I am expecting an award-winner to land on my doorstep at any moment. Anxious host that I am, I’ve spared no effort preparing for the arrival. I’ve spent the past few days getting up a little earlier and writing a little longer - I didn’t want my visitor to get here before I’d finished the initial draft of my screenplay, and I’ve done it. Just in the nick of time. Given that I will be the only one of us to know about or appreciate this achievement, it may seem an odd affectation, but by the time UPS rings my buzzer to present me with my copy of Eleanor Catton’s Man Booker prize-winning novel The Luminaries, I want to satisfy myself that I’m working hard enough, and in the right direction. The truth is that Ellie’s achievement makes me envious, in the best possible way.
Envy gets such a bad rap. As one of the seven deadly sins it is considered to be a ‘capital vice’, meaning that it is believed to act as a gateway to other moral crimes, in the same way that marijuana is accused of being first stop on the fast train to heroin, and Harrison Ford is accused of murdering his wife in The Fugitive.
In all these cases, I believe that a more sober revision of the facts could help mitigate fears.
Envy: A feeling of discontent and resentment aroused by and in conjunction with desire for the possessions or qualities of another.
To me, the sin in that description is the word ‘resentment’. If I was making a list of gateway sins, ‘resentment’ would be close to number one, and envy stripped of resentment would be a cardinal virtue. I’d even argue that most of civilisation’s greatest achievements have been based in that emotion. In my case, Catton’ s honour has caused me no resentment whatsoever, but it has spurred what I believe to be a healthy “discontent… aroused by and in conjunction with desire for the possessions or qualities of another.” I would like to work as hard as her, to achieve a similar reward in my own field.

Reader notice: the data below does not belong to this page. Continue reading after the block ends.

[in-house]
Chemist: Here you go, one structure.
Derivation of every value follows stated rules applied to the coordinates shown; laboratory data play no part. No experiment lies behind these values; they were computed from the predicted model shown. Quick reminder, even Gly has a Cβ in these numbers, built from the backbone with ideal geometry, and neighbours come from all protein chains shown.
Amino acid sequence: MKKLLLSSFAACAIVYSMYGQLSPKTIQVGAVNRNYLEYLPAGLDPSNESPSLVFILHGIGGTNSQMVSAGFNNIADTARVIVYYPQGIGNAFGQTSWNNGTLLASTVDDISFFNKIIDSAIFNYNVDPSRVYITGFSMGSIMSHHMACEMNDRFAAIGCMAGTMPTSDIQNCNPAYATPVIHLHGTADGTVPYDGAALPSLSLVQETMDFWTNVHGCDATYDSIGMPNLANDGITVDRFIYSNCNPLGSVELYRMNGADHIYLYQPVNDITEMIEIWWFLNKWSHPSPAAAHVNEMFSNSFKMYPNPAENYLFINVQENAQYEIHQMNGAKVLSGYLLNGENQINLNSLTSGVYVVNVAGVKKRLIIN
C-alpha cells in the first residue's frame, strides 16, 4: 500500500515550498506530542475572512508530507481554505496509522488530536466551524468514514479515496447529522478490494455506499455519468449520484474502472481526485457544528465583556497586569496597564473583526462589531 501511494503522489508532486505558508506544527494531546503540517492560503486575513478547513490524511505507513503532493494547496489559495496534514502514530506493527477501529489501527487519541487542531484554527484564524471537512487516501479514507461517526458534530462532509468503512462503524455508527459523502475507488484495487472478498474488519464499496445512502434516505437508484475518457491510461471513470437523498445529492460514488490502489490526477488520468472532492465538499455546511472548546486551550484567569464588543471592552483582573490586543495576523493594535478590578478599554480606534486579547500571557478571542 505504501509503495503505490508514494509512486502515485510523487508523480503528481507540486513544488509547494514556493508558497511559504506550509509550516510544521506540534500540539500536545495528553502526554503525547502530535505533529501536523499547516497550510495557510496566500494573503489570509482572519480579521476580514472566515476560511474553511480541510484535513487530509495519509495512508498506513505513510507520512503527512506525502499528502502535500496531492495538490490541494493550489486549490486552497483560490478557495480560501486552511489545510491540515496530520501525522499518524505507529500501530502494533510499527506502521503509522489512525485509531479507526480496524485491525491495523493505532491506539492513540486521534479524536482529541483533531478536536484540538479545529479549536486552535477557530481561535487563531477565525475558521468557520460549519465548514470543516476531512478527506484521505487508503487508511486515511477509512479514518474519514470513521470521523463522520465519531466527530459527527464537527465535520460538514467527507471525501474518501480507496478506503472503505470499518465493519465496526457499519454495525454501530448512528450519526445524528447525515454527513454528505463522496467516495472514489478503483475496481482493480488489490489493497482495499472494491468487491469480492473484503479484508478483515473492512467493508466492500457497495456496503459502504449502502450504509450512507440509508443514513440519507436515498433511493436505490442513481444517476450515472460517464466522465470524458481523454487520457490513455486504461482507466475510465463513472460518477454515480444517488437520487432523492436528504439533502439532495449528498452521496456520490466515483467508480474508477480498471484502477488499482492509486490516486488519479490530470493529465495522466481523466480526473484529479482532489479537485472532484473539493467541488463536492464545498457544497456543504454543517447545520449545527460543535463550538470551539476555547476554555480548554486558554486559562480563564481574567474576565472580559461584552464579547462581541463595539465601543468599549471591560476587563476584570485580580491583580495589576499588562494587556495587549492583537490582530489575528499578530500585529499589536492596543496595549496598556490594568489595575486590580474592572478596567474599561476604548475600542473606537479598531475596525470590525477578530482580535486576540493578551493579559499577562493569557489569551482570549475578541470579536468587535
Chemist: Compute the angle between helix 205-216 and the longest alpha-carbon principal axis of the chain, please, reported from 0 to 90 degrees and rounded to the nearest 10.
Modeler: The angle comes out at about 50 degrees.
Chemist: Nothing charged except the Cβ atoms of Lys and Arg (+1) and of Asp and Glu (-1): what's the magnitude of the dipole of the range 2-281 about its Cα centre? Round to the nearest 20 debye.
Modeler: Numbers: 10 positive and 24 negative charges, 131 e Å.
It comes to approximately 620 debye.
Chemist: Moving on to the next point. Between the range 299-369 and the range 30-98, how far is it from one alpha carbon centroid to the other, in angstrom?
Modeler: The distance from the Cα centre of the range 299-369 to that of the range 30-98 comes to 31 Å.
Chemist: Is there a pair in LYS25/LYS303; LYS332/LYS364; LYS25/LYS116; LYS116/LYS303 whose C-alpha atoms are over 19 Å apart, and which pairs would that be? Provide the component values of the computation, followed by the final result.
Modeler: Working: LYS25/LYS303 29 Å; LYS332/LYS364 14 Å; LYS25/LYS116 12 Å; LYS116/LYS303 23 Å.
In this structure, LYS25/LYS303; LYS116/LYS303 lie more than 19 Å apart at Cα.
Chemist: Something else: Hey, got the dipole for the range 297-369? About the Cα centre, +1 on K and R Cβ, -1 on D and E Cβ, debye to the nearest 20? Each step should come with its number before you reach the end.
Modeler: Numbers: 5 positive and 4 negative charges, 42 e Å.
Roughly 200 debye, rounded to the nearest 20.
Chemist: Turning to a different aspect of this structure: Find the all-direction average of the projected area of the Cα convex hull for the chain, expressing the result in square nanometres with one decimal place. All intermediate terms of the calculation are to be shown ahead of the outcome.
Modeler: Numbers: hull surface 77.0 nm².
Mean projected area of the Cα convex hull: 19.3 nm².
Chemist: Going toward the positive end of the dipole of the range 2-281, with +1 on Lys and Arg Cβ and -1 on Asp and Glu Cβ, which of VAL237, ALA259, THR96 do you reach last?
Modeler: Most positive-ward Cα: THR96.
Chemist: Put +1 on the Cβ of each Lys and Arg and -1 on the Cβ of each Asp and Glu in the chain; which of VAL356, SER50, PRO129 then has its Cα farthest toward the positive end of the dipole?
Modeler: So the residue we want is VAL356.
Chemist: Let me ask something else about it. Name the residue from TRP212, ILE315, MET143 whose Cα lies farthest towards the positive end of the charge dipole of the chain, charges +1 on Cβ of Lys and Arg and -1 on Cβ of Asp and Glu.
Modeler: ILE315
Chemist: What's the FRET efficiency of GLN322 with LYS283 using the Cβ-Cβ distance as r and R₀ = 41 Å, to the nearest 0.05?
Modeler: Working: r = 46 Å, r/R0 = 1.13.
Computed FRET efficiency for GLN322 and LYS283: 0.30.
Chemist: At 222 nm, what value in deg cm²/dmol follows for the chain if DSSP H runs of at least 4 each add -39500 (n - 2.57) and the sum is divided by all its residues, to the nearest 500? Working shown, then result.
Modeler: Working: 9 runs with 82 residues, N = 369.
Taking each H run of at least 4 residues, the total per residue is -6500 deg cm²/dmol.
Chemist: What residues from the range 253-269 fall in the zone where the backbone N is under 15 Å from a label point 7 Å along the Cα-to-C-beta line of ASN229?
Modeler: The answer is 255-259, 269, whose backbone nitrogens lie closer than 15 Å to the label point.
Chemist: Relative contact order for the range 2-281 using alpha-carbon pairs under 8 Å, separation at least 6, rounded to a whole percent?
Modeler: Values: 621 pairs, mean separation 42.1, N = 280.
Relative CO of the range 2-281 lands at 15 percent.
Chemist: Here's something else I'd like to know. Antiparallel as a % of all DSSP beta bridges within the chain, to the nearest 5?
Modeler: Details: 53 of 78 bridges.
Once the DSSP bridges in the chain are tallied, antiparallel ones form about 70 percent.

While expressing and justifying my envy necessitates a little word-play, I think it's a better description of my feelings than other contenders. ‘Aspiration’ is ‘a strong desire for high achievement.’ Too simplistic. Surely everyone desires to achieve highly, just like everyone desires to be beautiful, skilled and slim, but in an intellectual and somewhat passive way. What envy does is provide a boot to the buttock. ‘Inspiration,’ defined as ‘a person, place, experience, etc., that makes someone want to do or create something’ is also close, but it feels a too happy-clappy to capture the sense of hunger caused by seeing someone else achieve something you hadn’t even realised you’d like for yourself. Inspiration may make you want to do something, but envy convinces you that you need to.
Beyond envy, on the far end of the spectrum of excellence, exists a deadening influence: that of wonder. I find this to be a creatively sterile emotion, because while it is important for us to witness extraordinary pieces of dexterity, the sense of wonder, which is comprised of awe and astonishment, does not offer us the feeling that we could in any way match the achievement. I often experience wonder when I watch musicians and sportsmen, who operate at sublime levels of ability in fields in which I can never hope to participate. As a playwright, Ellie’s novelistic achievement should probably be at such a remove from my medium as to inspire wonder in me, but there is something about the fact that she’s a compatriot, and of a similar age and background, that fools me into thinking that there is some possibility that I could hope to emulate her success in my own way. This may be bald and naive optimism, but it is also a powerful fuel that stimulates the desire to better oneself, and in doing so, affords the opportunity to surprise.
Eleanor Catton - thanks for making me envious.
PROFIT & DELIGHT
What I'm thinking about what I'm doing. This blog aspires to a more profound definition of 'profit' and the bog-standard sense of 'delight'.
The tower beside my bed that I seriously intend to demolish. (Feb 2016)
Me & Robert McKee
by Greg McGee
Every Brilliant Thing
by Duncan MacMillan